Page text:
Another trainee came back on the second day to be a translator; she said she’d taught her family overnight what she had learned from us. I’m still in touch with the translator and I’ve had feedback that they are carrying the kit we gave them (dressings etc.) in their handbags. We can only help a limited number of people so the hope is that the people we can assist will pass what they learn on to everyone they know and the impact increases.
Pete: The Ukrainians seem to really enjoy making speeches and at the end of each day someone from the group spontaneously got up and stood in front of everyone to thank us for what we’d done. That was pretty amazing. How did it make me feel? There were a few tears in my eyes on both days; seeing how grateful they were was something really powerful.
Matt: We delivered very hands-on practical training, so everyone went away with valuable skills; some came up to say thank you for also giving them the confidence to use these skills.
Callum: The best feedback was hearing how they were going to pass on their new skills to others. We can’t treat all the patients in Ukraine, but we can influence the care that others can provide.
Pete: The Ukrainians have a phrase: “Slava Ukraini” which translates to something like “Glory to Ukraine.” At the end of each training session, I got to close the training down with that phrase. It received a huge cheer and a round of applause, and just for a moment, it felt like both groups, us and them, really understood what we were doing, and they felt hugely supported. So that feeling was just amazing.
The worst bit was leaving, without a doubt. There was a kind of survivor’s guilt where I knew I was coming home to safety and leaving them all behind in a war zone. None of them chose for this war to come to them and we got to walk away to safety, and they are still there.
Matt: The best bits were seeing people come away feeling like they’ve gained something. The worst bit was feeling like we could do more; we didn’t really feel ready to return back to the UK. Also, the long journey home by bus… it was so long.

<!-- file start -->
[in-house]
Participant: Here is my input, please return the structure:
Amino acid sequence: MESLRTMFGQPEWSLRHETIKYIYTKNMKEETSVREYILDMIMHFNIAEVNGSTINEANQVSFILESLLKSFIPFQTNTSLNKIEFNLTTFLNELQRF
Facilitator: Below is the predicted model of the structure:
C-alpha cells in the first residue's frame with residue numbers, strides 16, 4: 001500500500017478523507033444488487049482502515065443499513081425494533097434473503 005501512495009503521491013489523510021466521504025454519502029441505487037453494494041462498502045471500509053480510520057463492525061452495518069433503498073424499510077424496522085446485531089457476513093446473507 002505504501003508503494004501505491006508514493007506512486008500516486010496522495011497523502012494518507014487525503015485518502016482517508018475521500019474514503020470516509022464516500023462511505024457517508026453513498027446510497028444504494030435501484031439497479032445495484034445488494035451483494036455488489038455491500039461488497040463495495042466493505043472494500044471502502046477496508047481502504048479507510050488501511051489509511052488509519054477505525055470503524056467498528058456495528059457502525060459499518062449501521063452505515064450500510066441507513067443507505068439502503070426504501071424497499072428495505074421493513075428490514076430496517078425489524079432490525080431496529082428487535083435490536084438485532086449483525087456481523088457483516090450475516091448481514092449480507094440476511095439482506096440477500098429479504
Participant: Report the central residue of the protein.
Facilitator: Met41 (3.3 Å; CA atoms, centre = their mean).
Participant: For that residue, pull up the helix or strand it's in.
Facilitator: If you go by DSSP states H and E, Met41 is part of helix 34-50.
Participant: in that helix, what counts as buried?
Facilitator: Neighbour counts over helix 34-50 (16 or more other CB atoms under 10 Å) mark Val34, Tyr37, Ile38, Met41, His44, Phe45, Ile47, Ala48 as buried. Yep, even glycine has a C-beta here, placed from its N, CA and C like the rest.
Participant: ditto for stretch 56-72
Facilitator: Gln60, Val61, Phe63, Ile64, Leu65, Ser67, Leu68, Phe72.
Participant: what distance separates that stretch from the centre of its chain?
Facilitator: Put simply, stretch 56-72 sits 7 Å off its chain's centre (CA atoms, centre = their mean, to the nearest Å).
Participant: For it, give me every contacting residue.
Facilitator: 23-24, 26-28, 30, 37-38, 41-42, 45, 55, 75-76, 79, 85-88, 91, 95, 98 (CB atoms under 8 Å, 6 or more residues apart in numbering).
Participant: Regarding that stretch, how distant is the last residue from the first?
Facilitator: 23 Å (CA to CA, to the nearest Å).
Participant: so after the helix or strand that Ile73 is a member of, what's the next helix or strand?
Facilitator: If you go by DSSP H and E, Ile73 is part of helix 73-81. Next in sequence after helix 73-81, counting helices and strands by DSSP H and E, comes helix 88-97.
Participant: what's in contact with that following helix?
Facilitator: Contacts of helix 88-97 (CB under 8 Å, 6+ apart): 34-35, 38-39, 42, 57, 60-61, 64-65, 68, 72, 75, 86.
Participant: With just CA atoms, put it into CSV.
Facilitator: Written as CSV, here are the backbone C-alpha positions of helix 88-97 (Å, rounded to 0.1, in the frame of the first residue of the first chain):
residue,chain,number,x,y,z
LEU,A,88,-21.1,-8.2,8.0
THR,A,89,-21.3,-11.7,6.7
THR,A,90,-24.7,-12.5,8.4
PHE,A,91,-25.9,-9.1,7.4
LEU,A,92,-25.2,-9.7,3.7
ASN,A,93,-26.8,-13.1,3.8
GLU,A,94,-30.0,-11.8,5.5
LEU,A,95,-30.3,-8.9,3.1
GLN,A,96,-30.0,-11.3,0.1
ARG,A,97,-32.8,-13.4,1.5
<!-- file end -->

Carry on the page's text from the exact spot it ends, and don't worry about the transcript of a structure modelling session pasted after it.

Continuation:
Callum: For me, the best bit was how welcomed we were. They were very happy and excited to see us, and the feedback about the training and how they were passing it on to their families was great.
It was also horrible to see the devastation. Whole towns were turned into rubble, schools, homes, hospitals, everything; where just weeks before people had been living life and thriving now there were just shells of buildings and burnt-out wreckages.
Pete: In a heartbeat.
Pete: I think it has opened-up my global view. Work is so busy and there’s so much to do that it becomes easy only to see the problems on your doorstep, but this trip has opened my eyes to the bigger things going on. I’m trying not to be that guy who only ever talks about the time he went to Ukraine, but I know that the ripples of the trip will go on for a long time for me.
Matt: You can’t help but relate to the people we met out there. They’re just like us.
Callum: I will remember the people that have to live there in that devastation. And I will remember their strength of character and determination to carry on.
Pete: I think we were seven guys that wanted to rescue a whole country. It’s easy to think that we did so little, compared to what needs to be done, and to become disheartened about the impact we had, but it’s really important to remember the good we did do.
Matt: Humour was an important factor that got us through the trip; that, and our bond as a group. We all know each other so well. The camaraderie and the humour helped us cope with things just like it does back home when we’re dealing with critical care on a daily basis. One funny moment was getting through the polish border with our lineup of manikins — I had a dismembered body (part of a manikin!) in my bag. Luckily the security guy found it funny.
Callum: We could have sent equipment and not taught them how to use it, or we could have taught them and not provided the kit, but that would be a bit pointless. We did both, and we also taught them how to improvise if they don’t have the kit to hand.
Read more about how our crew made a difference in Ukraine here and keep an eye open on our social channels for details of a follow-up volunteer trip to Ukraine.